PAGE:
U.S. housing starts surge past expectations in June Privately owned housing starts in the US jumped 14.6% in June to an annualized pace of 629,000 units following Mayâ€™s downwardly revised reading of 549,000 (previously reported 560,000). The level of housing starts in June represents the fastest past of new home construction since January and was well above market expectations for an increase in the level of starts to 575,000. Building permits rose as well, increasing by 2.5% to an annualized 624,000 units. The rise in permits was above market expectations for a 2.3% decline and represented the highest level of permits since last December. The strength in housing starts in May was seen in both the single and multi-unit components. Single-unit housing starts jumped 9.4% to 453,000 annualized units, the fastest pace of starts since November 2010.
The relatively volatile multiple-unit starts component rose a more robust 30.4% to 176,000 annualized units, fully reversing the declines seen in the last two months. Strength was broad based as both singleunit and multiple-unit starts in all regions posted increases in June. Increases were led by the Northeast (35.1%) and Midwest (25.3%), while the South (10.6%) and West (5.4%) posted moderate, but still solid, gains. Permits for new housing units rose 2.5% from the unrevised 609,000 annualized units seen in May to an annualized 624,000 in June. The increase in June mainly reflected a strong rise in applications for multiple-unit residences (6.9%) although single-unit permits also eked out a slight increase in the month (0.2%). Permits increased in the South (5.5%), Midwest (5.2%), and West (1.4%) while permits declined in the Northeast (-10.1%). Even with the stronger than expected increase in June, new home construction in the US remains in a holding pattern, effectively trending sideways within the relatively tight range between 500,000 and 650,000 annualized units since the beginning of 2009. We continue to see subdued demand for new homes as the result of strong price competition from the high volume of distressed existing homes available for sale in the market. This in turn is weighing heavily on homebuilder confidence, which despite the modest pickup reported yesterday, remains severely depressed. The recent increase in permits is somewhat positive; however, it still implies a generally depressed level of new home construction going forward, and we expect that there will not a material break from the recent range-bound trend in the near term. David Onyett-Jeffries, Economist, RBC Economics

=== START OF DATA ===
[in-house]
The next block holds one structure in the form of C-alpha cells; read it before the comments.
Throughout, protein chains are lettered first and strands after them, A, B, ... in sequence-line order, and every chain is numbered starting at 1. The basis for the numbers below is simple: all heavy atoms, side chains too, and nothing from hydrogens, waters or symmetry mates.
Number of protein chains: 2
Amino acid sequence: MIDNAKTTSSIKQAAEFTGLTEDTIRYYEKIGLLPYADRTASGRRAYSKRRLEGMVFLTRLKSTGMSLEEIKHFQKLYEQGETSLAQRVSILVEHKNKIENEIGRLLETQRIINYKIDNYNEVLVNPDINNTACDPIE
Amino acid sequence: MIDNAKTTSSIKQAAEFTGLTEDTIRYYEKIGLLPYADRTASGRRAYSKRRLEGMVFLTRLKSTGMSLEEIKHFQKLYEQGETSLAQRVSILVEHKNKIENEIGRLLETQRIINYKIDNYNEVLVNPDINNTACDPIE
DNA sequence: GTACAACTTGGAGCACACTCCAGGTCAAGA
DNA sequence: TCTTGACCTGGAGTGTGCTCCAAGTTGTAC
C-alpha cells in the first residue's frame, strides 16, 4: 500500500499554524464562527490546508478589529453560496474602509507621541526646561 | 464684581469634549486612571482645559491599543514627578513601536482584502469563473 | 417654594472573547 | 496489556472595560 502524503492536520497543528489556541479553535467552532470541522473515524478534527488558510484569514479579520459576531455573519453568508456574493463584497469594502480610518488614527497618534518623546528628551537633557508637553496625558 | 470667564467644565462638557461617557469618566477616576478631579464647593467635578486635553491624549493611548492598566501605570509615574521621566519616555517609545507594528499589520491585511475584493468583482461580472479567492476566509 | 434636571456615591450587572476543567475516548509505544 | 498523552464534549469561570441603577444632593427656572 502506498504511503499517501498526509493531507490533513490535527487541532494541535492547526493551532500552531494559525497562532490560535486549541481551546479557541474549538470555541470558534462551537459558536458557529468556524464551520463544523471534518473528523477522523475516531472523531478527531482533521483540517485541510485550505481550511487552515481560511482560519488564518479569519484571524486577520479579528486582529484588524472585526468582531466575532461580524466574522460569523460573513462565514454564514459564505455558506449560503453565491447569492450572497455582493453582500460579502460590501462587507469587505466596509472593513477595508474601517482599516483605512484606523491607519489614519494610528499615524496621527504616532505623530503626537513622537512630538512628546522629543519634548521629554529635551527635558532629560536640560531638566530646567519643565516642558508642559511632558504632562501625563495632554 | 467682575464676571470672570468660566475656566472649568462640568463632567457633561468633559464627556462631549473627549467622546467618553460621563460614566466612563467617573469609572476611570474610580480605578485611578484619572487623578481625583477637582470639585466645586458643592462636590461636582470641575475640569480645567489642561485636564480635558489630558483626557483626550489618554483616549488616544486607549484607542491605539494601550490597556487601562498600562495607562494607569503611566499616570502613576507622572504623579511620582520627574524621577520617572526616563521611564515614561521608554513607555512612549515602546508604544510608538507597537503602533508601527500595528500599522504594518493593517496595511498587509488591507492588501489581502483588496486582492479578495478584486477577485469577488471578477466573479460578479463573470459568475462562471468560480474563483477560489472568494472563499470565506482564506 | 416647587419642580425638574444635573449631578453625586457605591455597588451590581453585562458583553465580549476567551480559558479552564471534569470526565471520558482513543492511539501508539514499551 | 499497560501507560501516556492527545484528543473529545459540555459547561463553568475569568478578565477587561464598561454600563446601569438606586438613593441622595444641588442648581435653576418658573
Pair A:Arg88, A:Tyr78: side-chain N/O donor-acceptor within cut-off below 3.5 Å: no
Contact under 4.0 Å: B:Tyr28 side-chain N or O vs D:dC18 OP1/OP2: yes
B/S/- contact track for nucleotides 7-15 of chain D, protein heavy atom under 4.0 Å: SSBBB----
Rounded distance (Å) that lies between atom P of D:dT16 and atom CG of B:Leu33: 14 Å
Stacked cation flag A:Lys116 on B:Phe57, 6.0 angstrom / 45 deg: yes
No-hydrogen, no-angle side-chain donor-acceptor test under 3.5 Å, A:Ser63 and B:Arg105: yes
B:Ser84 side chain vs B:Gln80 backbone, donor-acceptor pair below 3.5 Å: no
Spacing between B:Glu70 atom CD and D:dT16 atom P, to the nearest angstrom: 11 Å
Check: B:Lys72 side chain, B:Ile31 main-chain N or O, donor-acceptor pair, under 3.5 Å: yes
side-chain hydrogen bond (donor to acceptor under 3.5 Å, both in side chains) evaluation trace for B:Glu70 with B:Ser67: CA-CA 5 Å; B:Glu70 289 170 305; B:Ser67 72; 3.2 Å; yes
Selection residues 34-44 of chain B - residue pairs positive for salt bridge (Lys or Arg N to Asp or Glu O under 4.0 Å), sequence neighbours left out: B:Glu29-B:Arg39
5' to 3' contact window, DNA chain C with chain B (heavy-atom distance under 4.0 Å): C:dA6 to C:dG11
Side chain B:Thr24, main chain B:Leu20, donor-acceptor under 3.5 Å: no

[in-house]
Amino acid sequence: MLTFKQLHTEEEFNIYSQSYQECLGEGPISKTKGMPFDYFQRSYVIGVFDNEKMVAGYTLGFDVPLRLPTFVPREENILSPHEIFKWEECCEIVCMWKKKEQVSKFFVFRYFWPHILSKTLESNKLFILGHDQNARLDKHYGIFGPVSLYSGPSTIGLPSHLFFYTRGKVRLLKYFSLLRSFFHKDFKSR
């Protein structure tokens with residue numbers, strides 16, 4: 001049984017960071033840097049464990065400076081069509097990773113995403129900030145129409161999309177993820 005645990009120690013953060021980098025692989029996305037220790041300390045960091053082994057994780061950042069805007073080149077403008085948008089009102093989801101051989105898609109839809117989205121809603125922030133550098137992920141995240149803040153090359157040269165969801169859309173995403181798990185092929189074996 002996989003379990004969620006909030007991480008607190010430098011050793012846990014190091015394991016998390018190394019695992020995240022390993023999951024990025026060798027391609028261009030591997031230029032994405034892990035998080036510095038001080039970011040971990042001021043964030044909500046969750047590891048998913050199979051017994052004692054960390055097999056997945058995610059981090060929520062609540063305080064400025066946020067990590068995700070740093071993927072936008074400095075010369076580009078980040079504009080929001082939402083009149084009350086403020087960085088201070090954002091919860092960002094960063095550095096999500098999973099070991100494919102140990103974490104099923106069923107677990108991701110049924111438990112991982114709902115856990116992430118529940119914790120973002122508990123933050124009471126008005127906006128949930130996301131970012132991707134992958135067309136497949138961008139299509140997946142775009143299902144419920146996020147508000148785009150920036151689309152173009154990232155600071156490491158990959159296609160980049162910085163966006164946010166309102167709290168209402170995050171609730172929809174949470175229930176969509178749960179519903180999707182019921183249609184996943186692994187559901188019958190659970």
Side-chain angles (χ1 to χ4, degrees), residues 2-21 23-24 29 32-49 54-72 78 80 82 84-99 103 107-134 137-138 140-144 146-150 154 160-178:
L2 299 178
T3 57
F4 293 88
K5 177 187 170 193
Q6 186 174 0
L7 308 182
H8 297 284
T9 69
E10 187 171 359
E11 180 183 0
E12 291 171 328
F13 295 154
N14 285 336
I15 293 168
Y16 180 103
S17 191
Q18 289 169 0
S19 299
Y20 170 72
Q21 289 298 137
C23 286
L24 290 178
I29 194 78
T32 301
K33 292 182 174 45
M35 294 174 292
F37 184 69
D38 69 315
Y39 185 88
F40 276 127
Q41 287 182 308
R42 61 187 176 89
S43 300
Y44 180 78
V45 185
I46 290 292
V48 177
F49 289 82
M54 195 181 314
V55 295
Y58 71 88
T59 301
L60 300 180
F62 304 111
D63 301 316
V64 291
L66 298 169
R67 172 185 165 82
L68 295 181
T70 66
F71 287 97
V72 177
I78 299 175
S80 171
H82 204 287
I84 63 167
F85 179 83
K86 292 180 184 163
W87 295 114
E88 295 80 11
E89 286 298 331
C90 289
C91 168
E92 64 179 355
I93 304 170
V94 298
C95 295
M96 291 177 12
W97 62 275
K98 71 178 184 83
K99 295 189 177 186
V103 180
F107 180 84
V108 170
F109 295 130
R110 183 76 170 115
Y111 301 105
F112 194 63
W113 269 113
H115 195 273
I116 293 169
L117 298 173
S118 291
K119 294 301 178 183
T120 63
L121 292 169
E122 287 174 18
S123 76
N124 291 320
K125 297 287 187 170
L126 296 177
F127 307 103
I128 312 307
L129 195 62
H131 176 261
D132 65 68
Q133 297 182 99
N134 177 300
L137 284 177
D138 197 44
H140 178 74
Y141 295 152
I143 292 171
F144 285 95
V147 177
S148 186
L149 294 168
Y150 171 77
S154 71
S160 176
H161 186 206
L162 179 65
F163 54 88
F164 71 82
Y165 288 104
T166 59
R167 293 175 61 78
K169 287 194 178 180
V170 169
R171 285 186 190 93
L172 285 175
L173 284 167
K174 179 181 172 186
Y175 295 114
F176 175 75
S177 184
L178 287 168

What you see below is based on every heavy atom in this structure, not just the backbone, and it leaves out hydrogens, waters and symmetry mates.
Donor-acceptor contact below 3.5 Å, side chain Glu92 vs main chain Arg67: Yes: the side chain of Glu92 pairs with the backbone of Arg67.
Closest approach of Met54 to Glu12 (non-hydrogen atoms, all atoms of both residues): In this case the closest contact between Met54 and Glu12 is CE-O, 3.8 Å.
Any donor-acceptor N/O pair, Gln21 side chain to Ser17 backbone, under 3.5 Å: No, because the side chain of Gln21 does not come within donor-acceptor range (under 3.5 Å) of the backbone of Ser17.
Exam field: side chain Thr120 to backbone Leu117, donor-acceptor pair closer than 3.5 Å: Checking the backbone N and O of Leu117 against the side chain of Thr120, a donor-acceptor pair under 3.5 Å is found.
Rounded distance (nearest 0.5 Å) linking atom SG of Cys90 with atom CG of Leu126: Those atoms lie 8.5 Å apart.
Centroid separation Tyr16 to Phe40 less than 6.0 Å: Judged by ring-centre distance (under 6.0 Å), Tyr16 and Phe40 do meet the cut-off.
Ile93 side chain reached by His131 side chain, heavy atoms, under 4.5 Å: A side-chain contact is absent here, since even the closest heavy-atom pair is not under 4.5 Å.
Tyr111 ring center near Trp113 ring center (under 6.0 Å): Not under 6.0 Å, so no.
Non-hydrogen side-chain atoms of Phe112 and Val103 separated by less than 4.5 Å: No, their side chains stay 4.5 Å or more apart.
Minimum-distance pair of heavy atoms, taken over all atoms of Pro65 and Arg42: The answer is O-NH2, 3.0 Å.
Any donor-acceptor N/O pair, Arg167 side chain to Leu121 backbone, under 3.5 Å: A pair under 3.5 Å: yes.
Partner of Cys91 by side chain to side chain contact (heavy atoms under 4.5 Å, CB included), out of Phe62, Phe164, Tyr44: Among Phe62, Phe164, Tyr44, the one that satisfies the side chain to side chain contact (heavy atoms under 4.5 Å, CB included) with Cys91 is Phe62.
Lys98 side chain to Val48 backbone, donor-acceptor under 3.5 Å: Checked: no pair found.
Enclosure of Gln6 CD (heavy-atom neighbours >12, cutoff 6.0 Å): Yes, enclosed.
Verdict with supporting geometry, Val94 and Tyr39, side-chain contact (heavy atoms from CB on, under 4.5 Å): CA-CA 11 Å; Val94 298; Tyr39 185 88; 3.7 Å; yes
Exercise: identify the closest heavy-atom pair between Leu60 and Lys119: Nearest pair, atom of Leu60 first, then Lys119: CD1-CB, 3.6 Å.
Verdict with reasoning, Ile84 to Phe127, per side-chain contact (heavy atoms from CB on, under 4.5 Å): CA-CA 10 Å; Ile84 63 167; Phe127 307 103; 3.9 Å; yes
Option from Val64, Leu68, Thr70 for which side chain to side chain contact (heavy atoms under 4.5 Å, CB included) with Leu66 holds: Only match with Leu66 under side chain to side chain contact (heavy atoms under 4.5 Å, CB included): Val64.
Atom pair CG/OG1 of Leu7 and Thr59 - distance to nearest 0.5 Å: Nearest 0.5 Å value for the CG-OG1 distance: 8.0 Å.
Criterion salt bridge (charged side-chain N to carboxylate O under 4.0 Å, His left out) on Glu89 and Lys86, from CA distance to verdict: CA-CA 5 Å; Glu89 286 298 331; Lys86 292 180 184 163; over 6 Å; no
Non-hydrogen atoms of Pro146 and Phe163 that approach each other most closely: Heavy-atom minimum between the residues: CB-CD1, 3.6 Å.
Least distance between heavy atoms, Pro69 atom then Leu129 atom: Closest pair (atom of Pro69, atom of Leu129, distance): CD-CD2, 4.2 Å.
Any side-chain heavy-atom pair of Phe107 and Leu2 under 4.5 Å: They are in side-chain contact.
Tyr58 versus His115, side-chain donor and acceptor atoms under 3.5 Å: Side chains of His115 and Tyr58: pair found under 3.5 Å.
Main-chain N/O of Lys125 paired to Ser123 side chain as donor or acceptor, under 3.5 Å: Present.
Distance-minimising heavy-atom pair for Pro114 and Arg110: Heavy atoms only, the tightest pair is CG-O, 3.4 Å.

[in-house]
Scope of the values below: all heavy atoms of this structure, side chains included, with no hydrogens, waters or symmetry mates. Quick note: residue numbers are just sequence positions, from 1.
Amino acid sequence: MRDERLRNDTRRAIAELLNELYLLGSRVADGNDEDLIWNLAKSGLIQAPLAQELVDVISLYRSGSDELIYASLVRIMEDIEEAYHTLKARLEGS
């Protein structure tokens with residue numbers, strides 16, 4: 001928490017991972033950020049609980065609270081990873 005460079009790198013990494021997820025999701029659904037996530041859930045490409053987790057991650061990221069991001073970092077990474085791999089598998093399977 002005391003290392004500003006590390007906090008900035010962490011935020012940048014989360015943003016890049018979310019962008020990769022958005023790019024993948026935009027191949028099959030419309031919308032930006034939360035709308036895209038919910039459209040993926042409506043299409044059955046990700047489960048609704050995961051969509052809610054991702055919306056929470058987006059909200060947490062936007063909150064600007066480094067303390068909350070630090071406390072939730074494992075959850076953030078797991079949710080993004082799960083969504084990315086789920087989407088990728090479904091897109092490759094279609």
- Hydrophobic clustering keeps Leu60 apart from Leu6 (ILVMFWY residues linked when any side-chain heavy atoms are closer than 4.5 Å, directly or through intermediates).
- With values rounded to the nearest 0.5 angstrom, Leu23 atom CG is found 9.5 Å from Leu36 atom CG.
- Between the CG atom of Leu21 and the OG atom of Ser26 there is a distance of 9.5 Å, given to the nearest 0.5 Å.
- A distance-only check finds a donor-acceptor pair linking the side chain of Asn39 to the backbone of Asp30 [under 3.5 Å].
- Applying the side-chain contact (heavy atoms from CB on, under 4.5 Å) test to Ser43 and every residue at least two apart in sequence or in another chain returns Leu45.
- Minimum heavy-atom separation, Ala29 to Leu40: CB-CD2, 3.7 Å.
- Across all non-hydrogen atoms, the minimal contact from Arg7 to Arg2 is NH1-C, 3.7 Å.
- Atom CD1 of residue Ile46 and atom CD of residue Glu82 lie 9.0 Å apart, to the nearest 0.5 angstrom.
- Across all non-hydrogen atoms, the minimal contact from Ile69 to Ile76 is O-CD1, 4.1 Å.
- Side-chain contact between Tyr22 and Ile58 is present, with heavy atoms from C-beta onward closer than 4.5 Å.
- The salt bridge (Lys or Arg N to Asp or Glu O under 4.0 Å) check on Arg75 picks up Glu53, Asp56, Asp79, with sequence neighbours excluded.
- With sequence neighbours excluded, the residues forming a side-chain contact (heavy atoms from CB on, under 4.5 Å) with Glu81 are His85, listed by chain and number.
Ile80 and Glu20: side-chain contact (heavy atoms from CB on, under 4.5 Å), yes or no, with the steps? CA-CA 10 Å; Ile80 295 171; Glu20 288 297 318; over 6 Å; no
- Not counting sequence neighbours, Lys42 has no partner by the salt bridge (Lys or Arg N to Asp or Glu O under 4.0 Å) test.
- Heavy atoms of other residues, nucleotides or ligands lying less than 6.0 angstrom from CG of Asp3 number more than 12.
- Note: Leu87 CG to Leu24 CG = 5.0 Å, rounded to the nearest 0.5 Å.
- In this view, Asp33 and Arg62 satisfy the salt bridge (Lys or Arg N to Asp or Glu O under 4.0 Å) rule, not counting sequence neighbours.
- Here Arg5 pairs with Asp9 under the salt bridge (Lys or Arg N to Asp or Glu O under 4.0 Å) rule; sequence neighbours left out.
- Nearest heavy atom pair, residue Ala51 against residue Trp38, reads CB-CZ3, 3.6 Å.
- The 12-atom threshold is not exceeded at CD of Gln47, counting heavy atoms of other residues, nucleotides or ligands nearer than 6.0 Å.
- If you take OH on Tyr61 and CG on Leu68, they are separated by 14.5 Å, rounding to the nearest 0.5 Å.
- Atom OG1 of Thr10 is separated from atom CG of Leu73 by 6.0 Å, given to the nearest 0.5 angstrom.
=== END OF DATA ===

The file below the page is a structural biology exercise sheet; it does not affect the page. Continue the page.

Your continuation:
To view the economic data calendars with trend charts, go to: http://www.rbc.com/economics/html_calendars/ca/calendar.html (Canada) http://www.rbc.com/economics/html_calendars/us/calendar.html (United States) The statements and statistics contained herein have been prepared by the RBC Economics Research based on information from sources considered to be reliable. We make no representation or warranty, express or implied, as to its accuracy or completeness. This report is for the information of investors and business persons and does not constitute an offer to sell or a solicitation to buy securities.